Helpful Tips to Help Parents with Their Dating Teenager©

Dating for teens is often not the dating that we as their parents experienced many years ago. Because of this, we often don’t understand the pressures and expectations they face. Hopefully these tips will help you both understand your teenager as well as establish guidelines and consequences to make dating a wonderful time of growth and fun for them.

How has dating changed?

Today there is a different understanding of what dating is…and it runs the gamut. When I grew up a boy asked you out, picked you up at a certain time, you went out together, and then he brought you home at a certain time. Now there is a range of what is considered “dating”. Now it is more referred to as “going out”, “seeing each other” and includes holding hands at school, going out with a group of friends, wandering around the mall, etc. It is important to not question this way of describing a budding relationship, or they will stop talking to you about it – and you don’t want that. The other end of this continuum is “hooking up” which implies sexual encounters, often very quickly into the relationship.

The expectation that dating can begin as early as 12 or 13. When I was dating, the standard amongst my friends was no dating until age 16.

An expectation that dating and sex are linked. There are a lot of assumptions now about this. Teen girls need to know that dating and sex are separate. Dating is spending time with a boy to get to know him better. Dating does not imply sex. Our daughters need to know how to set this line for themselves, and have a plan to get out of a situation with a guy that feels unsafe or uncomfortable.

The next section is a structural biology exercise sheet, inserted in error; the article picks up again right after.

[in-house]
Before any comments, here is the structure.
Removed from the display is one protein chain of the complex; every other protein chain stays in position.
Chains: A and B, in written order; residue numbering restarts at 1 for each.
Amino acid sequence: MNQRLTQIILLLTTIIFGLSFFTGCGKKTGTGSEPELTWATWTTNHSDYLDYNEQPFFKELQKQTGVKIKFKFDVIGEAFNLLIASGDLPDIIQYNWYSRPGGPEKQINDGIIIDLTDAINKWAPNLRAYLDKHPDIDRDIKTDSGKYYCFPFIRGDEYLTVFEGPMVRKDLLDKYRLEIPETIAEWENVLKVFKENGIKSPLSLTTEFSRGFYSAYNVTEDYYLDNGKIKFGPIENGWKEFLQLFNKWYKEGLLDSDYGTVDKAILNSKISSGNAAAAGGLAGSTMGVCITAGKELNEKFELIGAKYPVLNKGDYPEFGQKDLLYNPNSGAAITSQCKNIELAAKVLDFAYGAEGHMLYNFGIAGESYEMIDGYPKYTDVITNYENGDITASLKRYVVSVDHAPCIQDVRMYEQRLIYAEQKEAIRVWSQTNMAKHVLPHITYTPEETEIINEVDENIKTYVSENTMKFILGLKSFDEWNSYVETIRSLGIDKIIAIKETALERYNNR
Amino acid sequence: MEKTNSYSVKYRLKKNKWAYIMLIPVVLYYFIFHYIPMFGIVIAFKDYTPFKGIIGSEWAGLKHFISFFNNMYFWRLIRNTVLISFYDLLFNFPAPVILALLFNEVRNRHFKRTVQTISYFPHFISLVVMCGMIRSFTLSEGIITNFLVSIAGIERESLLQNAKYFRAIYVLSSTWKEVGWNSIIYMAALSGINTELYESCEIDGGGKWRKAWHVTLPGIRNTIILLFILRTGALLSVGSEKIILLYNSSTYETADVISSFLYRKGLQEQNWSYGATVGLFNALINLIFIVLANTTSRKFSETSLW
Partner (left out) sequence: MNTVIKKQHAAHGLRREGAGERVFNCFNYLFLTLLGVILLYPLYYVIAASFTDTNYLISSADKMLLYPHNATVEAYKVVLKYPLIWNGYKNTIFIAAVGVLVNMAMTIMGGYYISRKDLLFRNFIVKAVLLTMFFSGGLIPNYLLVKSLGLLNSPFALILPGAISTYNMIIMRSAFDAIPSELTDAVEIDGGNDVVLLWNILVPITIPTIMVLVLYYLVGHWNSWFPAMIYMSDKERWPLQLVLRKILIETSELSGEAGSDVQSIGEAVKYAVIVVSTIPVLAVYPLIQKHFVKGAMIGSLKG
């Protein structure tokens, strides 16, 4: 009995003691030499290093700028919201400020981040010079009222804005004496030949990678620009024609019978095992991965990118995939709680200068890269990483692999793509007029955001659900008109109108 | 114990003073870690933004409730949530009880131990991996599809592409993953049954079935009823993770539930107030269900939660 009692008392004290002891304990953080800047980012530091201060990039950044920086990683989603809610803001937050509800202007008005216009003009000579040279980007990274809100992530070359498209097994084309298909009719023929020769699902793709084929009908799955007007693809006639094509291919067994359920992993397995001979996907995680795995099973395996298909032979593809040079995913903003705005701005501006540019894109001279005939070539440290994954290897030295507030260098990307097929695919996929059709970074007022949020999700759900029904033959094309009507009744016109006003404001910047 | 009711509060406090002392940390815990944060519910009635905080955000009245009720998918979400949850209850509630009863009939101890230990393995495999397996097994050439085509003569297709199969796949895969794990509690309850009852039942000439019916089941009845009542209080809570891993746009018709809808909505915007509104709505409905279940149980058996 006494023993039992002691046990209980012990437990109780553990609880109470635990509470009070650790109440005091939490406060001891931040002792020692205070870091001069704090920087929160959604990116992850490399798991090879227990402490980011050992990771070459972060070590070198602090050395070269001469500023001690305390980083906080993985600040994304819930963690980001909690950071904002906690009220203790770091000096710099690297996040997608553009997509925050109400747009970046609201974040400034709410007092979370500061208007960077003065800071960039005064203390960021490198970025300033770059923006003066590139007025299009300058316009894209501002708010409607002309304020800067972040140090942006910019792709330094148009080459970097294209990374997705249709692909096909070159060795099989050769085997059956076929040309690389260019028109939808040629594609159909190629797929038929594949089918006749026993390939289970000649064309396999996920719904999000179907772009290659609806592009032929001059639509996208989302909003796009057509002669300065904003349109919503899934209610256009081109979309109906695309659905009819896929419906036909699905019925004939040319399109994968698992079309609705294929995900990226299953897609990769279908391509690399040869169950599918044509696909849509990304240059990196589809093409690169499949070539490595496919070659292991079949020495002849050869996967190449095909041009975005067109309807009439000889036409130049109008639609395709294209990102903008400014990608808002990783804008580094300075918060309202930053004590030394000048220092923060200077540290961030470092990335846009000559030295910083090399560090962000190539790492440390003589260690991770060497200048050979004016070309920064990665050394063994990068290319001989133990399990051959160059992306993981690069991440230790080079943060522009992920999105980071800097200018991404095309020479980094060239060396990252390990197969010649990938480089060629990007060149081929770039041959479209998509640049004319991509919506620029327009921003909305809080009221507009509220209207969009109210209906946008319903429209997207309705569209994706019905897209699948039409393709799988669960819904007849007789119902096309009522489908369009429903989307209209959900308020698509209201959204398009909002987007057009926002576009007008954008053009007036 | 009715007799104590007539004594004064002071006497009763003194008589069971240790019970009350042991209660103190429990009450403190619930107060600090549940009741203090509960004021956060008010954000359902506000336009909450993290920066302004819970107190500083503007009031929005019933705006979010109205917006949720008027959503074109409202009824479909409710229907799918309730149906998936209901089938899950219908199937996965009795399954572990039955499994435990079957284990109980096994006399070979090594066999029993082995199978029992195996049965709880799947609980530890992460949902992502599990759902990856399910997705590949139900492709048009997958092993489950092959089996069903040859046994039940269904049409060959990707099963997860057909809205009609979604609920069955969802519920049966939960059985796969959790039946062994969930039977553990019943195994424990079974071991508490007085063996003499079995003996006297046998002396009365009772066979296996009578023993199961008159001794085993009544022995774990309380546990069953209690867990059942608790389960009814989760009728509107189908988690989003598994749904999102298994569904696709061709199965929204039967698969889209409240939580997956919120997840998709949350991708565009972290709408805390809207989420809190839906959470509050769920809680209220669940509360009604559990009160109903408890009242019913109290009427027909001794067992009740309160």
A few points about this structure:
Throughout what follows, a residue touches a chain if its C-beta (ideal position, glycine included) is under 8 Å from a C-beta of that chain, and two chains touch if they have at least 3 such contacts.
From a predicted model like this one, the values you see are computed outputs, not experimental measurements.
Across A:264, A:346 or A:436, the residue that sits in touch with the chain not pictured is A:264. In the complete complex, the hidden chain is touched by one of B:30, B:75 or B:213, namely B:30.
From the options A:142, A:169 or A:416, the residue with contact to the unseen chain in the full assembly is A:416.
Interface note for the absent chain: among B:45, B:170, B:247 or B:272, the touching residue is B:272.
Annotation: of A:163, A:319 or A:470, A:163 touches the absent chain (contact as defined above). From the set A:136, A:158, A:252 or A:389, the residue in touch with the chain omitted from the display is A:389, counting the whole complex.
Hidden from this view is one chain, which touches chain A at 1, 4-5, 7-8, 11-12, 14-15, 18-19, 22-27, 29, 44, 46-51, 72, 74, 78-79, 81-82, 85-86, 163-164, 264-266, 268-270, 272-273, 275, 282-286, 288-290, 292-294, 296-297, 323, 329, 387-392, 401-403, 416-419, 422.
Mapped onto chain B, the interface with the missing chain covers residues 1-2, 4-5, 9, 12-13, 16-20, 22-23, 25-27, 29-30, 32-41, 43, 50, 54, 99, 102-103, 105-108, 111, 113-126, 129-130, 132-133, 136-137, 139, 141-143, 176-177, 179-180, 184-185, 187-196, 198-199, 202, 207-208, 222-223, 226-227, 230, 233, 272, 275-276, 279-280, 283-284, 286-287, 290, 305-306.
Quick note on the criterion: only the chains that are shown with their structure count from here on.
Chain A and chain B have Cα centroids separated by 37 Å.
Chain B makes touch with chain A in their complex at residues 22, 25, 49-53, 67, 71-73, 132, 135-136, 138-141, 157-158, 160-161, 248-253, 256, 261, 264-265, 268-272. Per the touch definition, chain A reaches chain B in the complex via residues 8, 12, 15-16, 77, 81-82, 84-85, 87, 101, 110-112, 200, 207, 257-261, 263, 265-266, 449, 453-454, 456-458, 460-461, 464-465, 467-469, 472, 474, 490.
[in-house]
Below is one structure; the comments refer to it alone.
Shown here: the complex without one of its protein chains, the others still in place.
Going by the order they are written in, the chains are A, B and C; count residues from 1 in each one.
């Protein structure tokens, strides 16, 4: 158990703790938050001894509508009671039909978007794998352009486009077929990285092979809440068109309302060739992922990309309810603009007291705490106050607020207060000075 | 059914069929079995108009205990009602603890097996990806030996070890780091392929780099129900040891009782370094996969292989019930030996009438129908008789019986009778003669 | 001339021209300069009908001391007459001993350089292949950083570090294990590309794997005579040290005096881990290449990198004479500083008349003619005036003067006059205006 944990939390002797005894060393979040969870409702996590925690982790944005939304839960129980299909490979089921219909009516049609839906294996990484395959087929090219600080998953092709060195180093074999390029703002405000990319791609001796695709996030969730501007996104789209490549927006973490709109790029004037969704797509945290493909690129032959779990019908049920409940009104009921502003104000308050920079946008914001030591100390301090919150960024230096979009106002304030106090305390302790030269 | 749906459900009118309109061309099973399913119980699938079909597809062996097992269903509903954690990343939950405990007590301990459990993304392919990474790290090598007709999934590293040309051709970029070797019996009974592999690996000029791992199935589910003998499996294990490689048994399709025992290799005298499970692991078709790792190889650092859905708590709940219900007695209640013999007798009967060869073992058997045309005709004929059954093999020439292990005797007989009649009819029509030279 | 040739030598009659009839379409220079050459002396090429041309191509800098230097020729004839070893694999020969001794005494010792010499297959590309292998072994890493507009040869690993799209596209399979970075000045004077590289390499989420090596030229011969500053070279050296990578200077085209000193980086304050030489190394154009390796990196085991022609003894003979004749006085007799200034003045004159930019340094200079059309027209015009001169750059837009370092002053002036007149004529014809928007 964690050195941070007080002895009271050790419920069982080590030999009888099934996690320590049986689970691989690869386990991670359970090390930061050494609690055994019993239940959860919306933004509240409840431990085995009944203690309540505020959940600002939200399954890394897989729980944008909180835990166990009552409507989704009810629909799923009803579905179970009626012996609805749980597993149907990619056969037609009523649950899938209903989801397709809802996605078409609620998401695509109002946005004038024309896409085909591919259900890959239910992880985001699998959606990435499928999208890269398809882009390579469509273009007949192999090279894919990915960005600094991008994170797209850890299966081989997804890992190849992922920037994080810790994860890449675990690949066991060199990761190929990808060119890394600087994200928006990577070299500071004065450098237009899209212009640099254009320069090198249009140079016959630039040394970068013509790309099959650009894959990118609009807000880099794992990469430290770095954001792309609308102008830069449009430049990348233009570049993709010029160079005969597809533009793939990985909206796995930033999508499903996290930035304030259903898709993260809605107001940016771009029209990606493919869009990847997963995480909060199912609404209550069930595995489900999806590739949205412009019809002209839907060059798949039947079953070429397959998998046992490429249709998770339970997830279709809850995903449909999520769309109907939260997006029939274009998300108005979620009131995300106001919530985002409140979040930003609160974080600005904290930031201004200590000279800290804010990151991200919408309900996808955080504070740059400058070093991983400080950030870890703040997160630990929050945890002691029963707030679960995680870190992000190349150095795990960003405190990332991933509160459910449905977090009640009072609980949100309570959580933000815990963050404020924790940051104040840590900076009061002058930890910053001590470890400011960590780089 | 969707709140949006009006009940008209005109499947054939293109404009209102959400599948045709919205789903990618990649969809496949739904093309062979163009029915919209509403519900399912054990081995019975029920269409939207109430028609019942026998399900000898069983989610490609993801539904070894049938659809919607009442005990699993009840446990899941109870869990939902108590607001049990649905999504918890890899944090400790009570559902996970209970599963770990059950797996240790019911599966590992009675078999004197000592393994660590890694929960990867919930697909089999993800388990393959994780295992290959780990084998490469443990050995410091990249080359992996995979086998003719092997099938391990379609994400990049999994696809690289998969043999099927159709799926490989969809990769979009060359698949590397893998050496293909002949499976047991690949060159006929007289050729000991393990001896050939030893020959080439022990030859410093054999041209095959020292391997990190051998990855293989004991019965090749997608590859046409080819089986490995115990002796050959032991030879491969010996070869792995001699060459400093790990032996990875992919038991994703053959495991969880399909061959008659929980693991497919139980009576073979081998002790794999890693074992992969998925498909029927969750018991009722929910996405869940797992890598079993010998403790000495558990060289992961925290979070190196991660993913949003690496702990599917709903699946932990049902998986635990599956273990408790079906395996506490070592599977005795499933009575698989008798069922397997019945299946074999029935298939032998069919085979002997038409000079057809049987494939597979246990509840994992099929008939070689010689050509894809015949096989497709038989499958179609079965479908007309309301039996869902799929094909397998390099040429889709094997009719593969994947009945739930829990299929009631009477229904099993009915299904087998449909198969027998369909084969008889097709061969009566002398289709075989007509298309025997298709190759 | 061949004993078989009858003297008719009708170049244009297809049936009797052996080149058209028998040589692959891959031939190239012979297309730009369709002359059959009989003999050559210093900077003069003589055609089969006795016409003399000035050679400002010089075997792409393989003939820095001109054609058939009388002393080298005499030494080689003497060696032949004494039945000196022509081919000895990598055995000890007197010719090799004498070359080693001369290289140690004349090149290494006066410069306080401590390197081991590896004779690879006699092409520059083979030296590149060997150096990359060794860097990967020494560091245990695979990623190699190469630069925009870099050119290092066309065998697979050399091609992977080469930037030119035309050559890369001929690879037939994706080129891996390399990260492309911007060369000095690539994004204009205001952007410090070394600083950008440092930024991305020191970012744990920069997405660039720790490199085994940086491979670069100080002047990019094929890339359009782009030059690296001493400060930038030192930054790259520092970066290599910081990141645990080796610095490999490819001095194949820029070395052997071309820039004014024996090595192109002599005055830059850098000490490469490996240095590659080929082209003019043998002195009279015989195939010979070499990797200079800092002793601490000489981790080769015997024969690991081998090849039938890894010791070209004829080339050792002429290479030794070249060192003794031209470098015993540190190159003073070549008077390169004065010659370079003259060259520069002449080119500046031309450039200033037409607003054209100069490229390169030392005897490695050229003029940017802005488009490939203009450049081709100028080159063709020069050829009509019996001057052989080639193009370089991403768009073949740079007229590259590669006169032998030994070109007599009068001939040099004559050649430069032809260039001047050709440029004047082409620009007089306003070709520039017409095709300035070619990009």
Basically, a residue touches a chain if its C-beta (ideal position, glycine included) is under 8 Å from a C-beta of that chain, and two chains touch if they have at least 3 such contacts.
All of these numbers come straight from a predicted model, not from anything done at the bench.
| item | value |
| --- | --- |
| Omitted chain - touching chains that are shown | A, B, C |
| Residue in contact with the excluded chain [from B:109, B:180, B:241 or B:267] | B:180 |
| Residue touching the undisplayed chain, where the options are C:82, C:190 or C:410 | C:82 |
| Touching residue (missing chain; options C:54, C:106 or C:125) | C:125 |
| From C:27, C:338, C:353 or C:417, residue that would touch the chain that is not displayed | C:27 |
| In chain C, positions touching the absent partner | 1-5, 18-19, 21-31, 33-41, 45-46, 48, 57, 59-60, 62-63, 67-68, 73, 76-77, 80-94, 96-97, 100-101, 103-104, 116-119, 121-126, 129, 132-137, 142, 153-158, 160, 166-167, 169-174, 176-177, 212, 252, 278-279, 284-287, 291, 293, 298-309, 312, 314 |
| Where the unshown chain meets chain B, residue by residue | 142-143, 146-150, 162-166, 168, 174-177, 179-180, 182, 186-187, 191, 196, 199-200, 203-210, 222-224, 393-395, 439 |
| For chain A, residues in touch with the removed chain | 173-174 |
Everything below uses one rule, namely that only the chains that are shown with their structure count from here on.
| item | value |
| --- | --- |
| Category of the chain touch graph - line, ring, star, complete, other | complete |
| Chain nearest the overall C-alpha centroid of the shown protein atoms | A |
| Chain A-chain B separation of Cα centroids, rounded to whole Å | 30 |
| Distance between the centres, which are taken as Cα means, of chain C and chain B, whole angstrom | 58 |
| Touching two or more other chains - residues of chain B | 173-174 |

There are greater concerns with increased drinking and drug use than there was when I was dating. Alcohol use makes people stupid. In 50% of arrests alcohol is a key factor.

How can parents approach the subject of dating?

Teens whose parents talk to them about dating, are better prepared and happier.

The important backdrop is establishing a close relationship with your teen, preferably from way back. Sometimes we can panic about things like dating and come down hard on the rules – without having a strong connected relationship. So, work on listening, spending time, being encouraging, as well as setting guidelines for dating. When a close relationship is in place, teens will be much more likely to take in your influence and advice about dating.

Try to be calm and in control of your responses. Overreacting, panicking, and controlling responses will just result in them shutting down and not sharing – and you want to keep the lines of communication open.

Dating guidelines and clear consequences need to be in a broader context of clear guidelines and consequences in other areas such as chores, curfews, how you treat others, etc. This will make the rules about do’s and don’t of dating more readily acceptable because they are part of existing training of standards, responsibility, and consequences.

Parents need to have clear guidelines in place about dating, what is allowable and not, as well as what the consequences are if these guidelines are broken. A written contract, which is crafted and signed by both parent(s) and teen can also be very helpful, and then there are no questions.

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Parents need to enforce consequences, even when teens try to persuade them otherwise. A teen’s brain is not fully formed and in shape to make wise decisions until 25, even if they sound like they know it all. Parents need to be empathetic with their teens, and stick to the guidelines they’ve both agreed to.

What I hear about in my office

Many teens are not prepared for dating emotionally and practically. There is a lot of naïveté’ about things like the possibility of date rape, a 33% chance of teen girl experiencing some kind of verbal, physical, or sexual abuse during a dating relationship, and the prevalence of STD’s.

Teens often haven’t developed the ability to trust themselves and their intuition and the sense to get out of bad situations.

They often don’t have an escape plan set in their mind, and a way to let their parents know they need help.